Diabetes in Canada: Highlights from the National Diabetes Surveillance System, 2004-2005
Tables and Figures
People With Diagnosed Diabetes (Prevalence)
People Aged 1 and Older
- In 2004-2005, approximately 1.8 million, or about 1 in 18 people, in Canada, had diagnosed diabetes according to the NDSS data (1,806,269 cases overall, 862,808 among females and 943,461 among males). The prevalence rate for both males and females was 5.5% (5.2% among females and 5.8% among males). (Table 1 and 2)
- According to the NDSS data, in 2004-2005, the prevalence of diagnosed diabetes was lower among children than adults. The rates increased with age from about 2% among individuals in their 30's to about 21%, or 1 in 5 adults age 75 to 79. (Figure 1 and Table 2)
- According to the NDSS data, the age-standardized prevalence for 2004-2005 was 4.7% overall, 4.2% among females and 5.2% among males (Figure 2). A technique called age-standardization dampens the influence of the underlying difference in age distributions from each province or territory, enabling fairer comparisons among populations and over time. For example, before age-standardization, a province with an older population than another will have a higher prevalence of diabetes, all other things being equal. Age-standardization reduces the effect of different age structures when we compare across jurisdictions and time periods. This is useful for diseases, such as diabetes, where the prevalence rates differ significantly among age groups and increase with age.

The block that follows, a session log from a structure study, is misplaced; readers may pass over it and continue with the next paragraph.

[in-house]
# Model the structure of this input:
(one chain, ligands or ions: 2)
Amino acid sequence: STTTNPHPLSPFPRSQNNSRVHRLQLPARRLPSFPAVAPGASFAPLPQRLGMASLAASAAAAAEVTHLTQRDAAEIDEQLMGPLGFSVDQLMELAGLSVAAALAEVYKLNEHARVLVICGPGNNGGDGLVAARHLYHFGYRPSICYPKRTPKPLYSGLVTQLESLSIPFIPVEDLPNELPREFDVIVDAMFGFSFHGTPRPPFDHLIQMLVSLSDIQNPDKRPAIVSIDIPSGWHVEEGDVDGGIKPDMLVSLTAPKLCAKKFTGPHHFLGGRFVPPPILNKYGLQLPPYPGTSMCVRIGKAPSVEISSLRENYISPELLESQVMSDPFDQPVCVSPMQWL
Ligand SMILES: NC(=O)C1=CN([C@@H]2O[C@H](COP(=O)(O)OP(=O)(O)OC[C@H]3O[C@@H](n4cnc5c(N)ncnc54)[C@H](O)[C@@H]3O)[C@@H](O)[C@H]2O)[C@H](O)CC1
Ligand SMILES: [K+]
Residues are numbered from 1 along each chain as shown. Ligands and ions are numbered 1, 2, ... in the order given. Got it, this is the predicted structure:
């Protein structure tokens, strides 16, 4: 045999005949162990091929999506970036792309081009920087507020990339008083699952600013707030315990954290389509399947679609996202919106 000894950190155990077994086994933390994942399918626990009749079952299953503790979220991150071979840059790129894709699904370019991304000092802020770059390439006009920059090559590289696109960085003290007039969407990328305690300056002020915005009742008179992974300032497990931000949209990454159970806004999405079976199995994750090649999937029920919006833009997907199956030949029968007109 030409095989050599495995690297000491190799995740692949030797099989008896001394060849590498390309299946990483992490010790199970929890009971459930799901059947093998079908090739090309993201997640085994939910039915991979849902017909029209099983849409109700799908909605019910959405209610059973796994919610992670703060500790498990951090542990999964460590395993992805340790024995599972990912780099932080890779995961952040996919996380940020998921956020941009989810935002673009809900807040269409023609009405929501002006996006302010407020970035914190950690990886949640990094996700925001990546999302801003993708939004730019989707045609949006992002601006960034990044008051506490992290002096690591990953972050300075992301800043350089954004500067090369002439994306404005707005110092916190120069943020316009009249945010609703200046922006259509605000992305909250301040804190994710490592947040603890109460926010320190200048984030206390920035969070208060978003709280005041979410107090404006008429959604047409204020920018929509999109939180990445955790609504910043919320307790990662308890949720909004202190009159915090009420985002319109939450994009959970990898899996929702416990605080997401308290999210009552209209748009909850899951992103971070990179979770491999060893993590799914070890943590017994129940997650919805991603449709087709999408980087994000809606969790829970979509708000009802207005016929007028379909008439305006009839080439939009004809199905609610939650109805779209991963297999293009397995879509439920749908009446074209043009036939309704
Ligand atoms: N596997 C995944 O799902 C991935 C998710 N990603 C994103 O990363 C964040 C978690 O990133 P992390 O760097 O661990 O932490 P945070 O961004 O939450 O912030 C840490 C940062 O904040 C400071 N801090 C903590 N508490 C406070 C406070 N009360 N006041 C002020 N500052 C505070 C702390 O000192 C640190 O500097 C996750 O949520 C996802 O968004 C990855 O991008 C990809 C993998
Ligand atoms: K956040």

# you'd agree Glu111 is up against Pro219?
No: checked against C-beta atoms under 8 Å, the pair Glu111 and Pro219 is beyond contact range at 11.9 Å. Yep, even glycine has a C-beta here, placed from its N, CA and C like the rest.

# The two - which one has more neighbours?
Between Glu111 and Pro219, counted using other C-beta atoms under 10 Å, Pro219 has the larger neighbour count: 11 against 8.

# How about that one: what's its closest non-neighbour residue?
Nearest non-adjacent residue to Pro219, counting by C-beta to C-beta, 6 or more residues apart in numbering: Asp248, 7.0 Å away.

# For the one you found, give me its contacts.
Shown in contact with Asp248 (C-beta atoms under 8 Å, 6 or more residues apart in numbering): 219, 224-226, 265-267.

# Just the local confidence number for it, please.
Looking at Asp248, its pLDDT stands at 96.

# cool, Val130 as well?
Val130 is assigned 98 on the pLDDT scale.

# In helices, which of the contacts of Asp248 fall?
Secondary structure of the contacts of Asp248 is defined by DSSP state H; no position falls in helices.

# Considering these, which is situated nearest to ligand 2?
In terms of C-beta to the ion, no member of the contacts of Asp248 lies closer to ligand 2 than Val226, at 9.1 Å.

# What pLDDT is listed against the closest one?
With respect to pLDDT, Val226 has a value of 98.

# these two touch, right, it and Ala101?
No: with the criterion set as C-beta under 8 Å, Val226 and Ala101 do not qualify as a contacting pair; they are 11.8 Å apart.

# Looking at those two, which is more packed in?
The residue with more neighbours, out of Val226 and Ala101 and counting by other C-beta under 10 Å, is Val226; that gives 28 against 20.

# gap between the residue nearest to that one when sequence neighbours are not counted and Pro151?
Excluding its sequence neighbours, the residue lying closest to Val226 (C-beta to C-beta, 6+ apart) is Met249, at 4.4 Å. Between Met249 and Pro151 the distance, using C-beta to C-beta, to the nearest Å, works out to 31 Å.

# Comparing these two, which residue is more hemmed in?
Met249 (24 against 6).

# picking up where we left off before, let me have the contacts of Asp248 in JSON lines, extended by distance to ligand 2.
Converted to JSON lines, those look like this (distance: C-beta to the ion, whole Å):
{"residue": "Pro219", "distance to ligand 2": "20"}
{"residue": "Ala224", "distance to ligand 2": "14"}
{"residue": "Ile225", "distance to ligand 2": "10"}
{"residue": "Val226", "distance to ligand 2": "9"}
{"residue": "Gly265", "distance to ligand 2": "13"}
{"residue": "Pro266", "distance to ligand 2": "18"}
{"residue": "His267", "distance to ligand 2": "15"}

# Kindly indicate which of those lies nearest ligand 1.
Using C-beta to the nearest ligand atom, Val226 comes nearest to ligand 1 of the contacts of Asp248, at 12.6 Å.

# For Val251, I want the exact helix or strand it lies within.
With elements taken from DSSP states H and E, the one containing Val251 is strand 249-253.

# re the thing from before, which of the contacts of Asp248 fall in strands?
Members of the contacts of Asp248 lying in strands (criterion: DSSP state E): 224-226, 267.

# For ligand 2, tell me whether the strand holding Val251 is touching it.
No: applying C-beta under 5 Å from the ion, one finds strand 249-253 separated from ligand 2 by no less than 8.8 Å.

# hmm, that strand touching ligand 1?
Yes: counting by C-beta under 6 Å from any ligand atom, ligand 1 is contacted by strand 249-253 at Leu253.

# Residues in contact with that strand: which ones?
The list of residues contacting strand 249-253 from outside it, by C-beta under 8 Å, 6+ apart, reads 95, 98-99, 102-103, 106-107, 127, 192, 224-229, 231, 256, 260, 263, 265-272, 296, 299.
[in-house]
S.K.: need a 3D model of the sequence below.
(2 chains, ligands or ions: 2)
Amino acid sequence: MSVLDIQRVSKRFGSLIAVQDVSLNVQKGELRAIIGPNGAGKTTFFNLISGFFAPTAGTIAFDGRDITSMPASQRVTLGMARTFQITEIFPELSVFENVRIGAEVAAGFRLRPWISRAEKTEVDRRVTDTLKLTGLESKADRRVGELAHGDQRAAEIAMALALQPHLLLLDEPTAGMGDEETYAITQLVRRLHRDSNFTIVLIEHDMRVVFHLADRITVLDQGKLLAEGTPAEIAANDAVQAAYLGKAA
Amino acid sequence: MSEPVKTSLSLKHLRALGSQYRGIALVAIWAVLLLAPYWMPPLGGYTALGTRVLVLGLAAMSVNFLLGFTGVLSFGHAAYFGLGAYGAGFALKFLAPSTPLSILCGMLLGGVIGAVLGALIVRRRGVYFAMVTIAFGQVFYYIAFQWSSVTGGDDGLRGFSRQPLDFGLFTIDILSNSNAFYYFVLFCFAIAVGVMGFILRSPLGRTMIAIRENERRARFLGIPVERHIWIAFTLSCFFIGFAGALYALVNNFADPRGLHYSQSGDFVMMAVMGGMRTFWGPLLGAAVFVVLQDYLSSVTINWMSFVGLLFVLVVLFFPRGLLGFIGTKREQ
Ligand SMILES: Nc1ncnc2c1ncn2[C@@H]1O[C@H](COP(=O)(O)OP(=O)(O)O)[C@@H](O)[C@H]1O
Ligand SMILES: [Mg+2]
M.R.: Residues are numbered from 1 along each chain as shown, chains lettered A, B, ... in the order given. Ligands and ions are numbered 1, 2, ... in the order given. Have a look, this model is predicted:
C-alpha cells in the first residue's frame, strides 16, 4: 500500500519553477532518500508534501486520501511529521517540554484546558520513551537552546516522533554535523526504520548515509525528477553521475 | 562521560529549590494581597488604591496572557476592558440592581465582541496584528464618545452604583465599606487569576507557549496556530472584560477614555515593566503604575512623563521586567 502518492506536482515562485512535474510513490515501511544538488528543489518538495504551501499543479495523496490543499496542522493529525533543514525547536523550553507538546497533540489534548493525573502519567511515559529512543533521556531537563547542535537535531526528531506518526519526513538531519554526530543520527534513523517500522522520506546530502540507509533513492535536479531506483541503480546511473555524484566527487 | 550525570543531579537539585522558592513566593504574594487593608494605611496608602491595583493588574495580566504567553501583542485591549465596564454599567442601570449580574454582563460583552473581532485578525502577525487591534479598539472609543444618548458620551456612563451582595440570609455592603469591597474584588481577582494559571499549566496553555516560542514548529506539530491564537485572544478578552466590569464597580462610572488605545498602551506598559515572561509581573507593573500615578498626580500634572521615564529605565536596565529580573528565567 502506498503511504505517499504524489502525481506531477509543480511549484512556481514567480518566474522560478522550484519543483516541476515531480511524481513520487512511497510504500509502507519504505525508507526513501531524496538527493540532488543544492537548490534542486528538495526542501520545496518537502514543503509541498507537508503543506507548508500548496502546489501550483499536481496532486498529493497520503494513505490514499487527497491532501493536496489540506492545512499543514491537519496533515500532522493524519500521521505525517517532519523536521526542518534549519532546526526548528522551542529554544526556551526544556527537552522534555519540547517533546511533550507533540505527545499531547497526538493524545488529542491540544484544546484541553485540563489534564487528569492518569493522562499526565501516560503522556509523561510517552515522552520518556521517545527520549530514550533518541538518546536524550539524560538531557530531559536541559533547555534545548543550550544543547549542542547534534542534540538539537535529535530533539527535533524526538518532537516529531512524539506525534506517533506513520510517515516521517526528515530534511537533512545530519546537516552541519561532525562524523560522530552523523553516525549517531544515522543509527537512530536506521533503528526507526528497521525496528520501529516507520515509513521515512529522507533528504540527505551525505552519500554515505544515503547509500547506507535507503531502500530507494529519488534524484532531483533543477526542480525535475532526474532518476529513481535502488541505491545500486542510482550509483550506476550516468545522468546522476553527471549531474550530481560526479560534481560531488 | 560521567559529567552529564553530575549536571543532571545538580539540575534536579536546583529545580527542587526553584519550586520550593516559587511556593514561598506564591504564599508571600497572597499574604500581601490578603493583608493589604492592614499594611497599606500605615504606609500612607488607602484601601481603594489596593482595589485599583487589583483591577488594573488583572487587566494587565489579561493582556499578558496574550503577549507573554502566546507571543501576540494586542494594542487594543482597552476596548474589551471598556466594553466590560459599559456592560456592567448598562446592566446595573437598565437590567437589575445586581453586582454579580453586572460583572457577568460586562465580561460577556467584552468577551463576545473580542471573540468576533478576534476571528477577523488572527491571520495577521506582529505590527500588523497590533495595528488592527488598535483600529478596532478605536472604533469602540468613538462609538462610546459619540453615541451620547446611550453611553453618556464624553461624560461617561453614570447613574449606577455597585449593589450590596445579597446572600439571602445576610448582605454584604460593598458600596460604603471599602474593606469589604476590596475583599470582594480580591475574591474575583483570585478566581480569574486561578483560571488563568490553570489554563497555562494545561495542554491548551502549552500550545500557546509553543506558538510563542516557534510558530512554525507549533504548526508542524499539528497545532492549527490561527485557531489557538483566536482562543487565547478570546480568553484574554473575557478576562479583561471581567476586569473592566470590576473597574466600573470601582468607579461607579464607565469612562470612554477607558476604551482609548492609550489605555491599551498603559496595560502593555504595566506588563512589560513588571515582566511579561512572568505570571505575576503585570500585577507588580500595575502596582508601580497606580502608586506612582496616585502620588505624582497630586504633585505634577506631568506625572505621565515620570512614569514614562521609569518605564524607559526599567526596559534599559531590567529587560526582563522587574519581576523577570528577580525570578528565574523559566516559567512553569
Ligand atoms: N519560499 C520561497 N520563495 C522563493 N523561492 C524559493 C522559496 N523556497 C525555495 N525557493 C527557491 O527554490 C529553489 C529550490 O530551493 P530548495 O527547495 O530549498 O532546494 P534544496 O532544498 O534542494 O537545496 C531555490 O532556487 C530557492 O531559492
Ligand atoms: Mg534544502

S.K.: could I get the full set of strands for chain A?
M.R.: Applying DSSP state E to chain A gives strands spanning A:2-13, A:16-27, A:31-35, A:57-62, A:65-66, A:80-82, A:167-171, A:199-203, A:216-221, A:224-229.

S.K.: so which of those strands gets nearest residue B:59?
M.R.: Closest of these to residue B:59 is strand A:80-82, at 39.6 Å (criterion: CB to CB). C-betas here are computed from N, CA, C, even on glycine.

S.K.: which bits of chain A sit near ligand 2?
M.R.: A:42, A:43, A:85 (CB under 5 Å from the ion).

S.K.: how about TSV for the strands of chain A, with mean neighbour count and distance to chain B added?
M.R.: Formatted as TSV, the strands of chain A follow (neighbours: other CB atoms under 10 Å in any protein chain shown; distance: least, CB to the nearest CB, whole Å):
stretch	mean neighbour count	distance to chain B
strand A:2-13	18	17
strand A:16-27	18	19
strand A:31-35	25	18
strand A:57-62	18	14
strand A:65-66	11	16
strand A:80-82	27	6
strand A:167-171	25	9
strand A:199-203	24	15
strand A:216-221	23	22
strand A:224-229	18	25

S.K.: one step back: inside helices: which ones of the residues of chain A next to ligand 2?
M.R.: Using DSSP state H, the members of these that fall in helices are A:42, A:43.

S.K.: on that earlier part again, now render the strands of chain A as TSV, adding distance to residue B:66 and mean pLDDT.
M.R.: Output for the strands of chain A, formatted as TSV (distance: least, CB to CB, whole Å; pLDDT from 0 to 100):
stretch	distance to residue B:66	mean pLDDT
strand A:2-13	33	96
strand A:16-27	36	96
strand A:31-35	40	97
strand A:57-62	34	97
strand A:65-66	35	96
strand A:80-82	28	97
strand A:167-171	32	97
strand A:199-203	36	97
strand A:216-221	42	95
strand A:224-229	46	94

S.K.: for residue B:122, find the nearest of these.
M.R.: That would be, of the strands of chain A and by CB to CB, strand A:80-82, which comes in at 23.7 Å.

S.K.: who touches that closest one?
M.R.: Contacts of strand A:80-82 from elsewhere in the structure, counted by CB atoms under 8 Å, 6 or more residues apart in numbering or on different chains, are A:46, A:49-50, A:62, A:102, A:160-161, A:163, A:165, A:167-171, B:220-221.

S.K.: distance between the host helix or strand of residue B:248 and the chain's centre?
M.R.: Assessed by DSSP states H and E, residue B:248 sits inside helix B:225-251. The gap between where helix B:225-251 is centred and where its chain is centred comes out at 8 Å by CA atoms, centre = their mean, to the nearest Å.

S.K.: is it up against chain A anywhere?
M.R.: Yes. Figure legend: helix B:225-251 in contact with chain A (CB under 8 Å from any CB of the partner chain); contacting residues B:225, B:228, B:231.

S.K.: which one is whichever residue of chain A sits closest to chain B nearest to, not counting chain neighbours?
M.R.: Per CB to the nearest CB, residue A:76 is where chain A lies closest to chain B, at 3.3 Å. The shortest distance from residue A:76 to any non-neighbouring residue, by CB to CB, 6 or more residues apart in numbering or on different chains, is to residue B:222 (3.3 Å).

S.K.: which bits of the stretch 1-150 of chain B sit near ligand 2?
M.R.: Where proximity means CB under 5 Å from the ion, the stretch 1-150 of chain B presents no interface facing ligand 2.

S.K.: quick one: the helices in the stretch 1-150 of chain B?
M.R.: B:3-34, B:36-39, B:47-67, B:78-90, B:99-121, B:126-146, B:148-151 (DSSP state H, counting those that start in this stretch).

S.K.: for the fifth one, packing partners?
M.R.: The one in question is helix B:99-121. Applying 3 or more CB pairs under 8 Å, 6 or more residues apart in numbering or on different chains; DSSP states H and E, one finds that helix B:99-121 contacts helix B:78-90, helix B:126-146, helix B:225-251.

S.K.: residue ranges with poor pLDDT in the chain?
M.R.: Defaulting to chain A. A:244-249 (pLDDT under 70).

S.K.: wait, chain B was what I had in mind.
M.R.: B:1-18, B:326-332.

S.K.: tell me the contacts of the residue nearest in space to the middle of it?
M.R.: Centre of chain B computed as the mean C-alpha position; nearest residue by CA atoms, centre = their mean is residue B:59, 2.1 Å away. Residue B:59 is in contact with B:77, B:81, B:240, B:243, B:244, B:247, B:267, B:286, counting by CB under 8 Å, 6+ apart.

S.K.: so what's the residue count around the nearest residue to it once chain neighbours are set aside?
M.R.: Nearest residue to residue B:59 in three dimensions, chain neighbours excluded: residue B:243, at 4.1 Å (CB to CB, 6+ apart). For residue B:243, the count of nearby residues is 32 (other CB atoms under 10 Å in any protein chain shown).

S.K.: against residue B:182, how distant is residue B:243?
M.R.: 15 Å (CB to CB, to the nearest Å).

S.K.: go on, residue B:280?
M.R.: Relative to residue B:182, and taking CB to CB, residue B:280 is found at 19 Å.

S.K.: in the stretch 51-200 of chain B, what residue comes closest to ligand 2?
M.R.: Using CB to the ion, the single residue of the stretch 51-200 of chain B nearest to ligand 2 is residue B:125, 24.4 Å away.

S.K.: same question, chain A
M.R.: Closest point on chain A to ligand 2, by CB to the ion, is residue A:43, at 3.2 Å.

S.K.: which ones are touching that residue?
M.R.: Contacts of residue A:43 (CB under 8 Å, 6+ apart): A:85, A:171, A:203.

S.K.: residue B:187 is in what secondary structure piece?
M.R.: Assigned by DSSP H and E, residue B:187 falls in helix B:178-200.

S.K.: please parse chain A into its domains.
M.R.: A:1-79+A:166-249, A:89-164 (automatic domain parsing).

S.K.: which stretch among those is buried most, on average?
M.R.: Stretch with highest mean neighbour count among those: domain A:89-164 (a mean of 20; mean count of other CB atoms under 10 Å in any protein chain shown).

- After adjusting the rates due to differences in age distributions among provinces and territories, the age-standardized prevalence of diagnosed diabetes was found to be higher in Newfoundland and Labrador, Nova Scotia, New Brunswick, Manitoba, and Ontario and was lower in Quebec, British Columbia, Yukon, Alberta, and Nunavut compared to the other provinces and territories. (Figure 2)
- After adjusting the rates due to differences in the age distributions among the provinces and territories across time, the prevalence of diagnosed diabetes has increased by 24% between 2000-2001 and 2004-2005. (Figure 3)
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